Patients with advanced cardiac disease and heart failure are living longer today because of new treatments and medications that better manage underlying symptoms, yet overall mortality from heart disease has not changed significantly in 30 years.
This phenomenon of improved longevity and persistent mortality underscores the reality that many of the current treatments for severe heart disease are, in fact, palliative in nature. They modify the disease process and prolong life for patients with often severe symptoms and disease.
Findings from the two studies in this article highlight the need for our partner cardiologists and referring physicians to recognize when to refer their patients with advanced cardiac disease or heart failure to comfort-focused hospice care…and why.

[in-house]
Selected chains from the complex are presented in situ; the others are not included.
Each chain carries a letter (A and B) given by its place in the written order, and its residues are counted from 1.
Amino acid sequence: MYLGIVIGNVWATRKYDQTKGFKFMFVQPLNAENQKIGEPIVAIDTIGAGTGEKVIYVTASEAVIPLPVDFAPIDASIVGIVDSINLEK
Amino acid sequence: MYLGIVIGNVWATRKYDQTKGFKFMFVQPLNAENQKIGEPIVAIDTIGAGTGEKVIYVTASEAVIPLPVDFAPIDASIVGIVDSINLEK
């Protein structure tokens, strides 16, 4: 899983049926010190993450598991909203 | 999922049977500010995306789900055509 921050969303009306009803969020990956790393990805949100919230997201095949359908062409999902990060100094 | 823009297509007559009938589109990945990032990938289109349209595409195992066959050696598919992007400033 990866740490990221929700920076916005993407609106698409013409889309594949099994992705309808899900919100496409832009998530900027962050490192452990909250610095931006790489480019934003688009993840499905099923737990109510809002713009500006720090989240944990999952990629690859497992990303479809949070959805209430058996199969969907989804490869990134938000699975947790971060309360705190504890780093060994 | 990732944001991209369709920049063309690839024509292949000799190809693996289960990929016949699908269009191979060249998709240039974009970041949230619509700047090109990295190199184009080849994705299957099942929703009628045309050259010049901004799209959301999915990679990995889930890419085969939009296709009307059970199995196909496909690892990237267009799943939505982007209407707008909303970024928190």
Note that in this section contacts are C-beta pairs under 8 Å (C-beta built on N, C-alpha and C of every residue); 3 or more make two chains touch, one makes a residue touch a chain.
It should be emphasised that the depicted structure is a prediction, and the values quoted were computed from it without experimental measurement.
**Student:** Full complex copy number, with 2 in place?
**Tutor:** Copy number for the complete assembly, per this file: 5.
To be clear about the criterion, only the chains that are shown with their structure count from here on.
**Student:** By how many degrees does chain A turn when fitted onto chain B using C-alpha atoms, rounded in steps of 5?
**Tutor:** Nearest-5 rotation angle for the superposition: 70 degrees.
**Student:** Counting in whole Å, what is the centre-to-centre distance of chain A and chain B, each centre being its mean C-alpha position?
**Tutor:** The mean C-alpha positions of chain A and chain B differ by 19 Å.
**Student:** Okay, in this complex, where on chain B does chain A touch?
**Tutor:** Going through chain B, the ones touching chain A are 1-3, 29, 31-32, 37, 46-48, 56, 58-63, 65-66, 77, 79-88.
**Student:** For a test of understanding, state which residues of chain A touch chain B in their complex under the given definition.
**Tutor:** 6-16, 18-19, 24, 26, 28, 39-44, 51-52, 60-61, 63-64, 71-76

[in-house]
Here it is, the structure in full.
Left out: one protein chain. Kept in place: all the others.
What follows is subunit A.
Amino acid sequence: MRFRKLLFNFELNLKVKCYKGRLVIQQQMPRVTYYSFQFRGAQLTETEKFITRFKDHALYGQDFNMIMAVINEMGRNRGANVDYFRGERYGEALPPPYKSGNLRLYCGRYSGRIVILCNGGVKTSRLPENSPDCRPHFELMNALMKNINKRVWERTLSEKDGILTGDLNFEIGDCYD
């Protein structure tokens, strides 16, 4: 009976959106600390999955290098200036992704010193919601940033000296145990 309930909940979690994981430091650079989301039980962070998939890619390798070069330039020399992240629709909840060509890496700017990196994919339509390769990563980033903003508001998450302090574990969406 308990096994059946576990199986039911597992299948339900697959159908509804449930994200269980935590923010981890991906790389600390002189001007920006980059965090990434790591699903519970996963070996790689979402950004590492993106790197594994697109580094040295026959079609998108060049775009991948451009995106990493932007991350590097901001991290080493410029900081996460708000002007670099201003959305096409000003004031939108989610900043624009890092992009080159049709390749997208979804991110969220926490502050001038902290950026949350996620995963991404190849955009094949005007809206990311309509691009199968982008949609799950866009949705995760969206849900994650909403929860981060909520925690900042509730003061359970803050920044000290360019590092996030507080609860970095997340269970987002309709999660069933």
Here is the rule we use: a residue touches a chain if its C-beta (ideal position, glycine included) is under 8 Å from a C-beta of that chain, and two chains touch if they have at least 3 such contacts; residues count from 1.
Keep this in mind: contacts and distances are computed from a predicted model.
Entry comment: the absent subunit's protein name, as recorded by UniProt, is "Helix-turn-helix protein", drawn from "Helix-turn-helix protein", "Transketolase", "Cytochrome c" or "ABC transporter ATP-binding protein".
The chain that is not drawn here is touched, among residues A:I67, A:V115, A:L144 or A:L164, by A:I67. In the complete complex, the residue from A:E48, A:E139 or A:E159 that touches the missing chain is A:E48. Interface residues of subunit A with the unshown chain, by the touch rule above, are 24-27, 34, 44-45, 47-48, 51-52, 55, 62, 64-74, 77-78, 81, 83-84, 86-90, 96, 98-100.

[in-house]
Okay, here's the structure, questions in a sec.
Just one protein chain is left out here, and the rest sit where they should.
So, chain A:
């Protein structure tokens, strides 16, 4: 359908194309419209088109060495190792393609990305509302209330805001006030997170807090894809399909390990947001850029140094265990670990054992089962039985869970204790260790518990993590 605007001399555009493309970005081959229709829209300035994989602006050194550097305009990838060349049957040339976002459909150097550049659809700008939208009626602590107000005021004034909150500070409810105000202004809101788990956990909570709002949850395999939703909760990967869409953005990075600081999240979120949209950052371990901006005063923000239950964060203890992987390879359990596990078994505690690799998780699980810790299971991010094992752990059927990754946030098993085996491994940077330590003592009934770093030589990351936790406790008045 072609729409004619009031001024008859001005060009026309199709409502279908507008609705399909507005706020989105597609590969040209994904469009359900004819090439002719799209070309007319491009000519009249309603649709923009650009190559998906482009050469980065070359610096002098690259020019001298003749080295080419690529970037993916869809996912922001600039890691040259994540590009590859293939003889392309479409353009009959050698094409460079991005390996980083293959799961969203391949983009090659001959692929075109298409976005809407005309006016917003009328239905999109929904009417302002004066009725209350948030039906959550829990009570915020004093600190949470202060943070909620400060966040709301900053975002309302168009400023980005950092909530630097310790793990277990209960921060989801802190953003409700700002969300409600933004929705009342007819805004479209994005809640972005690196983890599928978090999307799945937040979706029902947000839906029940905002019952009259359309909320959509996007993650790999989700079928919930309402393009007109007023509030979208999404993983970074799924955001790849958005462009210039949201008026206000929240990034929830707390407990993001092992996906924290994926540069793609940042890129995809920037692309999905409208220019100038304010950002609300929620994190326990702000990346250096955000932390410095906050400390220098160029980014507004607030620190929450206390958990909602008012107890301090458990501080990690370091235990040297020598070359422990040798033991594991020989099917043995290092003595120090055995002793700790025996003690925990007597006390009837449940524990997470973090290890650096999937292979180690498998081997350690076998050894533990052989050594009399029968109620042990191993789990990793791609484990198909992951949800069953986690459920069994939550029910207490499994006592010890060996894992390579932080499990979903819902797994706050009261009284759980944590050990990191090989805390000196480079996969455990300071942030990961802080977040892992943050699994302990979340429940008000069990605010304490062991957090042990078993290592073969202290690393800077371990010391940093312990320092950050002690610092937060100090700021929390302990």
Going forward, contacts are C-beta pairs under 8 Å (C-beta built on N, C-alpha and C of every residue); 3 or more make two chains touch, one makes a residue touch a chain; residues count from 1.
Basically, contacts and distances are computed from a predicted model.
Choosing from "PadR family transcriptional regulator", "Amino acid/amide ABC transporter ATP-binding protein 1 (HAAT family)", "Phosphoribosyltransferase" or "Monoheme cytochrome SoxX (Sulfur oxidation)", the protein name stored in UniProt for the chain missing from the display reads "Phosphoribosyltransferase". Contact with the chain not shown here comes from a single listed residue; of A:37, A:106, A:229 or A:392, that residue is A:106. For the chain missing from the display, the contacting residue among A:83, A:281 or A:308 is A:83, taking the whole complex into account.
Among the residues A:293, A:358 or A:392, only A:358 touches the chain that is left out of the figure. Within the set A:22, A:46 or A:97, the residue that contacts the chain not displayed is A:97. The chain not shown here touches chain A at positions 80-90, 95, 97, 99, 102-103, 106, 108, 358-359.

- When? Hospice is the logical next step in the care continuum when ongoing cardiac treatments are no longer effective, when worsening symptoms no longer respond, or when patients decide side effects, pain, and other symptoms are no longer tolerable. Check hospice eligibility for your patient >
- Why? Hospice’s clinical, emotional, and spiritual approach to care allows patients to embrace quality of life for as long as possible—not in outpatient or ICU settings but in the familiarity of home among family. Hospice clinicians titrate cardiac interventions to focus on comfort care, symptom management, and pain relief, while team members educate and support family members and caregivers who often bear the burden of caring for a seriously ill loved one.
Quite simply, a hospice referral should never be perceived as “giving up.” Instead, it is the next logical step in the continuum of care.